In front of us on the train was a new private car neighbor, the Vista Canyon, a 3 drawing room lounge car built in the late 1940s for the Santa Fe, and now owned by the Arizona Railway Museum, in Chandler, AZ. The hosts on the Vista Canyon, Bart and Jane Barton, are old private car friends, so after dinner, we wandered up to the front car to take a tour, and some of their passengers came back to visit with us. Built by Pullman in 1947, the  Vista Canyon originally was a round-ended tail car for use on the Santa Fe Super Chief train which ran between Los Angeles, and Chicago. In 1956, the Santa Fe Railroad rebuilt the Vista Canyon into a flat-ended car that could be used mid train on combined trains. In order to run this car on contemporary trains, the owners of the Vista Canyon added a small kitchen next to the vestibule, in the location of the bedroom. (Pullman and the Santa Fe had an unusual arrangement where Pullman was prohibited from selling food on the their trains, so the car was intentionally built without a buffet kitchen.)


As the day wore on, the schedule got increasingly later, but the sights along the route (some of the nicest to be seen from an Amtrak Train) made the trip enjoyable. With Greg back in Minnesota for a few days, Jerry served as both Chef d’ train, and porter for the day. Lunch was paninni with proscutto and Brie, and dinner, which was one of those extra meals that railroad chefs have to roll out sometimes, featured turkey chili. We finally arrived in Portland shortly after Midnight. The Starlight occupied the track in the station across from the Trains Unlimited special train, and more than a dozen private cars. Unfortunately, Meg and I were too tired to get out and walk the train. Getting a ride from Washington, DC chapter member Mike Crockett in his rental car, we quickly transferred to the hotel and were in bed in a matter of minutes. There was lots more train riding in the plans for tomorrow.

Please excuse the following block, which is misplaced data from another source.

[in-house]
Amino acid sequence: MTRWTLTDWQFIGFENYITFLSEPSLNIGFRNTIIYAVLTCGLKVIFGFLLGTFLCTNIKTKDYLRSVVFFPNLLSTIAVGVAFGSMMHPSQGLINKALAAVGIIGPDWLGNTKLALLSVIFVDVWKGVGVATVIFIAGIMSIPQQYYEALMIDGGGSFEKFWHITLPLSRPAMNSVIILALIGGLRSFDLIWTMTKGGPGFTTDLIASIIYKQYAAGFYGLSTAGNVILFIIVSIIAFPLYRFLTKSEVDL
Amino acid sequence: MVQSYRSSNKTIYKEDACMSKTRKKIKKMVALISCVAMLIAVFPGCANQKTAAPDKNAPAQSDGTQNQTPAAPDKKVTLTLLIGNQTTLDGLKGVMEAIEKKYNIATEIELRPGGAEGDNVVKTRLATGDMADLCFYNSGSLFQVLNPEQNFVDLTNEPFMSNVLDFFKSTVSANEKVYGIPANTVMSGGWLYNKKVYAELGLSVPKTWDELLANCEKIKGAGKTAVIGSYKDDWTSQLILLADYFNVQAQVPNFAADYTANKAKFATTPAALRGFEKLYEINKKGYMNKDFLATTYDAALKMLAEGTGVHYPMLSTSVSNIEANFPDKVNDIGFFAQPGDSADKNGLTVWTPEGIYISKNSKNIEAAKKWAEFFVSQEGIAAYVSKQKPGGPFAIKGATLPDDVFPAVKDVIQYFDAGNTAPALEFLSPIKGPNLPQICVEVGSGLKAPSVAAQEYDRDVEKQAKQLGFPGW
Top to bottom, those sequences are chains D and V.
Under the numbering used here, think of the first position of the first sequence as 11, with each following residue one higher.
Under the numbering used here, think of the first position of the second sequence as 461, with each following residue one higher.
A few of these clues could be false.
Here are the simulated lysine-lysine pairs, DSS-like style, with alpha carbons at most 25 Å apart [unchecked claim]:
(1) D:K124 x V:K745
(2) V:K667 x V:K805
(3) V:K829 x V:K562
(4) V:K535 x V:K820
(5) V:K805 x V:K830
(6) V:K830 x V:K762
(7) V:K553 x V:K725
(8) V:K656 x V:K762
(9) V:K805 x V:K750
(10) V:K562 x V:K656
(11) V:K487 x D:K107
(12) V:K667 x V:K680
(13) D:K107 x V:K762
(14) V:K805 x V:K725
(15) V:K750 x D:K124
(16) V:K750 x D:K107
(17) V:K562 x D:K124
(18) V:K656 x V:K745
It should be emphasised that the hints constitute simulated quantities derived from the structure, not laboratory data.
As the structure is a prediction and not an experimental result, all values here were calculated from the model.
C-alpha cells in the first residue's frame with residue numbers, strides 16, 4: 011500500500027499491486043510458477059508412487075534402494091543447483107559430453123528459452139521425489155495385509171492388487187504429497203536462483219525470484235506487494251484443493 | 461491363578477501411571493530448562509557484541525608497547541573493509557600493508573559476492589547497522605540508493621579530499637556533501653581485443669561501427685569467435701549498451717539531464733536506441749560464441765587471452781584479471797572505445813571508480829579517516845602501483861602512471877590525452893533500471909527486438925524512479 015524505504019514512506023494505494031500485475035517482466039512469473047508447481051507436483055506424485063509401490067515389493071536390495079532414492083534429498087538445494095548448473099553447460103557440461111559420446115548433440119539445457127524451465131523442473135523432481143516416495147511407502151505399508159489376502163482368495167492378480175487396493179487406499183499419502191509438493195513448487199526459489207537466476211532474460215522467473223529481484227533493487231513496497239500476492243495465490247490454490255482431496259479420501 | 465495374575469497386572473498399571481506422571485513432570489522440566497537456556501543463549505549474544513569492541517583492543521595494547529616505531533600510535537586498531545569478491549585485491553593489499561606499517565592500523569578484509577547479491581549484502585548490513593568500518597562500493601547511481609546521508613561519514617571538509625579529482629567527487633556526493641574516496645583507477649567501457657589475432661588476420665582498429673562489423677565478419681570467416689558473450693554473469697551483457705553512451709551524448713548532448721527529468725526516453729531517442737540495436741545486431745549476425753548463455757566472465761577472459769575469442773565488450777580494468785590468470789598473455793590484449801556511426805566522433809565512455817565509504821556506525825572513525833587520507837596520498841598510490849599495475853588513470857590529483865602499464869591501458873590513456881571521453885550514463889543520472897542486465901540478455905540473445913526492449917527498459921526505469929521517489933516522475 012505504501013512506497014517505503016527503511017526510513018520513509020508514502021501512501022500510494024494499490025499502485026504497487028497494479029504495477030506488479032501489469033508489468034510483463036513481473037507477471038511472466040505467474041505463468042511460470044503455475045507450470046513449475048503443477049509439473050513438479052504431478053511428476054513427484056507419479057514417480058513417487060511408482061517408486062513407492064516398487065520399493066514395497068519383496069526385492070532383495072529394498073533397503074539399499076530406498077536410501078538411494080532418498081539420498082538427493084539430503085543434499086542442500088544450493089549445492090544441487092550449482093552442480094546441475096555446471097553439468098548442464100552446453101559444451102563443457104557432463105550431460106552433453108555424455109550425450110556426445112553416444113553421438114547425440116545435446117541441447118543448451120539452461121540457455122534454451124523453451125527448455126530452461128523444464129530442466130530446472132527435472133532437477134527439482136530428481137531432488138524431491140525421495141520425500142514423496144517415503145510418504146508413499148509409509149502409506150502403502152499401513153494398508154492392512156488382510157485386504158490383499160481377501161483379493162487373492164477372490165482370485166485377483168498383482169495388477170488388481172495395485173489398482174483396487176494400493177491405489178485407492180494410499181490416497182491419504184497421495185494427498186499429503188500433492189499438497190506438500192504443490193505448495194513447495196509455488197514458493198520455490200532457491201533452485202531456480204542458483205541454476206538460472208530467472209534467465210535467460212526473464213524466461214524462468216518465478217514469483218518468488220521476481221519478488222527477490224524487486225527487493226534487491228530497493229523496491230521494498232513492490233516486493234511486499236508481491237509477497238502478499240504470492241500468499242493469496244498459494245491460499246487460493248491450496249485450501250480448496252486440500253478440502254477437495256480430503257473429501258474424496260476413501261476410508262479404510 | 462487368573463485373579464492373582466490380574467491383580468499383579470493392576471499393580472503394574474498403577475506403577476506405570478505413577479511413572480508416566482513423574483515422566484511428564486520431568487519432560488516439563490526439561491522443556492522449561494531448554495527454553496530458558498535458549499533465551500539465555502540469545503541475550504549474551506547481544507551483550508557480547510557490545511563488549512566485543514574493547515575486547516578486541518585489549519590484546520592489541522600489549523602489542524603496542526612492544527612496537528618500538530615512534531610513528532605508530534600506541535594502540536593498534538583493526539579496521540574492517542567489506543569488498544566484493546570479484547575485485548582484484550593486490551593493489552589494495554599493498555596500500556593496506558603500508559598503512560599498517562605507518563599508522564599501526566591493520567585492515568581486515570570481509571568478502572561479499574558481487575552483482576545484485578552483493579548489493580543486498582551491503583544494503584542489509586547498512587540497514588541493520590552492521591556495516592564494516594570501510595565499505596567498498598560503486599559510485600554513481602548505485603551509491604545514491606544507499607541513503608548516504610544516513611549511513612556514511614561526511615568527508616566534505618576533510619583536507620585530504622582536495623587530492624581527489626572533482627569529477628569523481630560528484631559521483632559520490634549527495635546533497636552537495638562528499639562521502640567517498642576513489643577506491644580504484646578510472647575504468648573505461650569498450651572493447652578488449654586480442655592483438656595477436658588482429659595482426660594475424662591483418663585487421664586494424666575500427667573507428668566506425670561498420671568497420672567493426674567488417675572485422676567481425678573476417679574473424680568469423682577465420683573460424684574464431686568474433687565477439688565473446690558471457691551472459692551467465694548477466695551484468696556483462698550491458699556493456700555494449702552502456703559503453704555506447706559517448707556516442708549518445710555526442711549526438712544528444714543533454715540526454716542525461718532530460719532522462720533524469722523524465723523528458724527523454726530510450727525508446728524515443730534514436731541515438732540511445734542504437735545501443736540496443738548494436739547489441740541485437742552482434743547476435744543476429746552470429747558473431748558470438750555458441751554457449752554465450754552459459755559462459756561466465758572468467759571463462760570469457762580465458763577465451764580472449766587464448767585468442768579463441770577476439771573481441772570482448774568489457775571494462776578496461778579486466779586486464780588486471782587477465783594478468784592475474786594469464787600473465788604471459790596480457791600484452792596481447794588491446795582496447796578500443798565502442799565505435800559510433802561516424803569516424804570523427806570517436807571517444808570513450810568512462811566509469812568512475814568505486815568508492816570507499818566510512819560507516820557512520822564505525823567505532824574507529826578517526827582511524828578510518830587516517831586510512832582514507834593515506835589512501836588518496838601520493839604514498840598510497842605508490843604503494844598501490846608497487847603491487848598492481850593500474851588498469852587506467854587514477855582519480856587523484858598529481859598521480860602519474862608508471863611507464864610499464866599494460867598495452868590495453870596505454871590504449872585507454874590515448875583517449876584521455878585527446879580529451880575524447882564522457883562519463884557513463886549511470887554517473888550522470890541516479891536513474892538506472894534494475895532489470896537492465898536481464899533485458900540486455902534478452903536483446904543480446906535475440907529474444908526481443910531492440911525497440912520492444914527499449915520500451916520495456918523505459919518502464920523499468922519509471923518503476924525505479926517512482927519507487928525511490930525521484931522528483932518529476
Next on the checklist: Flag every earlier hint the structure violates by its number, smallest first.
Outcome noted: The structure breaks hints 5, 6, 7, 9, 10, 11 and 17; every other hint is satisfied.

Tuesday 7-5


We tore out of bed at 6:30 am to catch the bus to Astoria so we could ride the RDC back. Astoria is a small, gray village at the mouth of the Columbia River about three hours downstream from Portland. While there, we rode the local form of transportation, a former San Antonio trolley car that runs along the waterfront for a few miles on the former railroad mainline. The line doesn’t use overhead trolley wire–the trolley draws it’s electrical power from a generator mounted on a

trailer, which gets towed behind. For the afternoon trip back to Portland, we rode on the Lewis and Clark Explorer RDC Budd cars, a set of three self-propelled diesel cars of late 1950s vintage, that the Oregon Department of Transportation purchased used from the government of British Columbia. This made for a fun trip. Meg and I rode much of the way in the rear vestibule taking pictures and chatting with fellow railfans. In the evening, we rode the Portland TriMet light rail

into the downtown Portland area (the “fareless zone” as they call it because it’s a free ride) and had dinner at Jake’s Famous Crawfish. We strongly recommend Jake’s.


Wednesday 7-6


We picked up a rental car in the morning a nearby Hertz rental and did some touring around. We did laundry, and did some provisions shopping for the Dover Harbor. Later we drove down to the Sellwood district to visit a cluster of antique stores. In the evening, we met up with Jim Lilly, and went back to Jake’s.


Thursday 7-7